Starring: Jason Momoa, Zoe Boyle, Alun Armstrong, Landon Liboiron, Evan Jonigkeit, Michael Patric, Jessica Matten, Shawn Doyle
Mood: If you want a highly fictionalized Canadian history lesson starring a smouldering pelt-wearing Jason Momoa.
It took me nearly two years to watch the first season of Frontier.
A friend recommended it to me probably in 2018, and I immediately liked the novelty of it. I mean, how often does Canadian history get turned into a big-budget Netflix movie starring Jason Momoa? How often do you even see Canadian history ANYWHERE in film?
Plus every Canadian knows of the Hudson’s Bay Company, always looming at the end of mall corridors with its distinctive department store aroma of makeup, perfume, and overpriced household items. I knew the HBC was really old, but honestly knew almost nothing else about its part in shaping our country. Canadian history lessons in the ‘90s consisted of social studies class, which was four years learning about why Québec wants to separate from the rest of Canada. Or at least, that’s all I got from it.
Anyway, it was more than a year after I heard about Frontier that I finally saw the first episode. I re-watched the same one three times over the next couple years, thinking it was supposed to be a good show but never getting into it enough to continue. Yet I kept returning, unable to accept that this concept, helmed by Jason Momoa, could be anything less than awesome.
Now that I’ve finally watched the roughly 270 minutes that make up Frontier season one… I somehow know even less about the Hudson’s Bay Company and Canadian history than I did before.
Despite the rich production and abundance of action, this show is painfully hard to follow, historically questionable, and wholly implausible. But if you like period dramas enriched with a huge serving of graphic violence, this might be the show for you.
Frontier is about the original Western frontier, North America in the late 1700s or early 1800s. None of the people or events are real, but the Hudson’s Bay Company is quickly and accurately established as the villain with a huge monopoly on the fur trade.
Lord Benton (Alun Armstrong) sails to the New World to help the HBC attempt to crush efforts to break up its empire. The main problem is Declan Harp (Jason Momoa), a half-Cree, half-Irish trapper who is out for revenge. Harp was orphaned and raised by Benton and worked for the HBC, but for some reason I didn’t grasp the HBC, led by Benton, killed Harp’s wife and son.
Meanwhile, a young street rat named Michael (Landon Liboiron) and his sweetie attempt to stow away on Benton’s HBC ship, but the young woman is arrested and only Michael makes it. He worms his way into Harp’s company, hoping to rescue the girl.
The characters quickly start piling up on both sides, including Captain Chesterfield, who wants to overthrow Benton but is definitely not a good guy, Grace Emberly, a bartender who knows everything about everyone and has her own agenda, and lots of Indigenous characters with massive potential who only get one episode.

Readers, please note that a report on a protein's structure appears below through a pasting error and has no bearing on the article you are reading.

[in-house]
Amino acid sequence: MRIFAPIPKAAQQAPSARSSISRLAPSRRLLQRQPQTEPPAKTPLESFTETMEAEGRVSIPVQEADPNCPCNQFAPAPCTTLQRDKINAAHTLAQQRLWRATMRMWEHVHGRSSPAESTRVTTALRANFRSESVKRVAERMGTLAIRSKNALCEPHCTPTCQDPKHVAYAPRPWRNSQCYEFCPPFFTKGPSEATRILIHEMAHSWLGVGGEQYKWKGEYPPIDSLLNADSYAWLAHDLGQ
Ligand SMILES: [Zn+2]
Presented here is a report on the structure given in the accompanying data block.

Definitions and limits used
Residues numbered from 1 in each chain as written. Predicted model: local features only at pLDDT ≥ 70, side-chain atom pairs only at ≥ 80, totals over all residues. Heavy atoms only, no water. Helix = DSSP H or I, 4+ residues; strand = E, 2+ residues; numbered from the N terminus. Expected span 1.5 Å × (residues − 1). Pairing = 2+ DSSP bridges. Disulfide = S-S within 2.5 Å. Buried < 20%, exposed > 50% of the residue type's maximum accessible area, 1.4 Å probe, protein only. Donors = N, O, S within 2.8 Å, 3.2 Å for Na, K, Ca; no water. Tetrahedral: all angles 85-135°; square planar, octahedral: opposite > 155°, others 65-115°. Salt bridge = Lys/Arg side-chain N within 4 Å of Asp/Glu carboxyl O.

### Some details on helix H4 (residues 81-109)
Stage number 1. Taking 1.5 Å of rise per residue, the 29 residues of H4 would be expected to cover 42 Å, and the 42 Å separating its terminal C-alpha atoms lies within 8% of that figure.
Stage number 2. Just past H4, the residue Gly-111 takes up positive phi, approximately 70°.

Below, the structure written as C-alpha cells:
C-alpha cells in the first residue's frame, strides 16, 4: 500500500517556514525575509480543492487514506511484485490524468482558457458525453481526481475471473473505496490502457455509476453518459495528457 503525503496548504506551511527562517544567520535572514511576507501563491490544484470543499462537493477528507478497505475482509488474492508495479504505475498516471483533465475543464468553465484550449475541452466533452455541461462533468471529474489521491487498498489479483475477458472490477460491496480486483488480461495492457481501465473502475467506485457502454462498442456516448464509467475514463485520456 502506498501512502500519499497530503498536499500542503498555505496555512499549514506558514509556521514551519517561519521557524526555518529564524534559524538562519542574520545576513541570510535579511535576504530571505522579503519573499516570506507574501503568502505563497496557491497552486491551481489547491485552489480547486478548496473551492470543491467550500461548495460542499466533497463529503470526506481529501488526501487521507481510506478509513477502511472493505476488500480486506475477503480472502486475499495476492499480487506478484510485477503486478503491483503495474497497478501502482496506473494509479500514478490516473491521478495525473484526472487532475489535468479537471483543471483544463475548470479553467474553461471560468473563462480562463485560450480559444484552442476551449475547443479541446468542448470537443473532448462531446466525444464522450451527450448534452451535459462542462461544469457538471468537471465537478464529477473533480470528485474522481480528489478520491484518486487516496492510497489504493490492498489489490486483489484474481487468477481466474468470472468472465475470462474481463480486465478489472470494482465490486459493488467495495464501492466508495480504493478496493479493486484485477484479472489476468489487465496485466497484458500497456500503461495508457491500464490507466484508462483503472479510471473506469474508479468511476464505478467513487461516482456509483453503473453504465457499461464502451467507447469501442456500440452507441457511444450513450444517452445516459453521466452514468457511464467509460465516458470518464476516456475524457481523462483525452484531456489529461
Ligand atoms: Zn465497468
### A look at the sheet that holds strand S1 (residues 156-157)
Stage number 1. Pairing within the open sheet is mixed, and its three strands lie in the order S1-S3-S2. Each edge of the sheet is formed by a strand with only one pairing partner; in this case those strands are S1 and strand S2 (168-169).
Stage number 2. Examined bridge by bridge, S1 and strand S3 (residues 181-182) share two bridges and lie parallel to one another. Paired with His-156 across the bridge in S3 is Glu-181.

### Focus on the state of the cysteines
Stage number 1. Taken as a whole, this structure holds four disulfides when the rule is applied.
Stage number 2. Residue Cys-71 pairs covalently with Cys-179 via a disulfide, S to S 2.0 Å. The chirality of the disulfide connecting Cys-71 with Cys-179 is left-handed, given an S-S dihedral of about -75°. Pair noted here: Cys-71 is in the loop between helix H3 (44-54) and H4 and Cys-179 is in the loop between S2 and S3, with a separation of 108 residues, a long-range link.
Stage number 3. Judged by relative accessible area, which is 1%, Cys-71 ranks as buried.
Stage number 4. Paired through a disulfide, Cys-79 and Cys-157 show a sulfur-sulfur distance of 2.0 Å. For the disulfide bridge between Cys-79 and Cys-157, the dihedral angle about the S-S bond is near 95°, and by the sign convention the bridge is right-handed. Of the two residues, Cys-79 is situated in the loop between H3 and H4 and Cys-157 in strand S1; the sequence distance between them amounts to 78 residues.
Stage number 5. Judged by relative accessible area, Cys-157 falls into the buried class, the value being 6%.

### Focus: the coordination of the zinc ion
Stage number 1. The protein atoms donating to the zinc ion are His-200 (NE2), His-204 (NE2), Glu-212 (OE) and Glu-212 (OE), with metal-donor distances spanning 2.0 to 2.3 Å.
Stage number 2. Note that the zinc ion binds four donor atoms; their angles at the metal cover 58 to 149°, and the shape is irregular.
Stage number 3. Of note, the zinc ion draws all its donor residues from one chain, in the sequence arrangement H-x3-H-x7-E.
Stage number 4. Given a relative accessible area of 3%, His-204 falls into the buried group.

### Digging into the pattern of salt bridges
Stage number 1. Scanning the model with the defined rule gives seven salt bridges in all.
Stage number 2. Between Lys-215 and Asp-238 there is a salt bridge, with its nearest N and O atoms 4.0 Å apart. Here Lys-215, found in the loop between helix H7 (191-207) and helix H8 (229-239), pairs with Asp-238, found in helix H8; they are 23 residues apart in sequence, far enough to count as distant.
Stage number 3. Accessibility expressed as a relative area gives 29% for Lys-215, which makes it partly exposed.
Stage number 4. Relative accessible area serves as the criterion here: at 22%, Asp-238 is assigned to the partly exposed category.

The final episode is quite exciting, but almost everything leading up to it is like an assembly line of historical characters being wheeled into a scene to quickly explain who they are, whose side they’re on, and all of their intentions in the story. You spend most of the time waiting for Harp to come back into the scenes so you can care again.
Frontier’s first season does a great job with thrilling action and unflinching violence including grievous injuries, brutal killings, and horrific torture. It definitely gets an A+ the way its action is performed and filmed.
But this season has a serious problem with character development. There are SO MANY back stories and allegiances and plots-within-plots that you can feel the show’s foundation cracking more and more with each passing minute under the weight of all those ideas without enough time to do any of them justice.
Other than Declan Harp and Lord Benton, it’s hard to get into or even believe most of the other characters. On top of being way too obvious, the dialogue is also frequently too modern and the acting is often melodramatic, like Hell on Wheels or Black Sails.
And I’m all about strong roles for women in Westerns, but it’s just not believable that every single one of the women in this story would have spoken, dressed, and acted the way they do. That’s not to say it’s all bad acting. The plot itself just feels forced, like an overcompensation for the fact that we’re watching a show about Canada.
Everything is sexified to the max, which was a popular tactic at the time when all these shows were trying to be the next Game of Thrones. Frontier isn’t the only show to do it, it just doesn’t do it well. You need some substance to bolster all that glossiness.
Momoa is always fun to watch, and I don’t regret getting to see him trekking through wintery Canadian wilds, draped in pelts like a rugged mountain man. But I have no plans to watch season two of Frontier. If you’re looking for a fast-paced, high-budget modern Western TV show that gives you all the grit and grime and violence along with heightened drama and easily digested storylines, you’d do better with Hell on Wheels.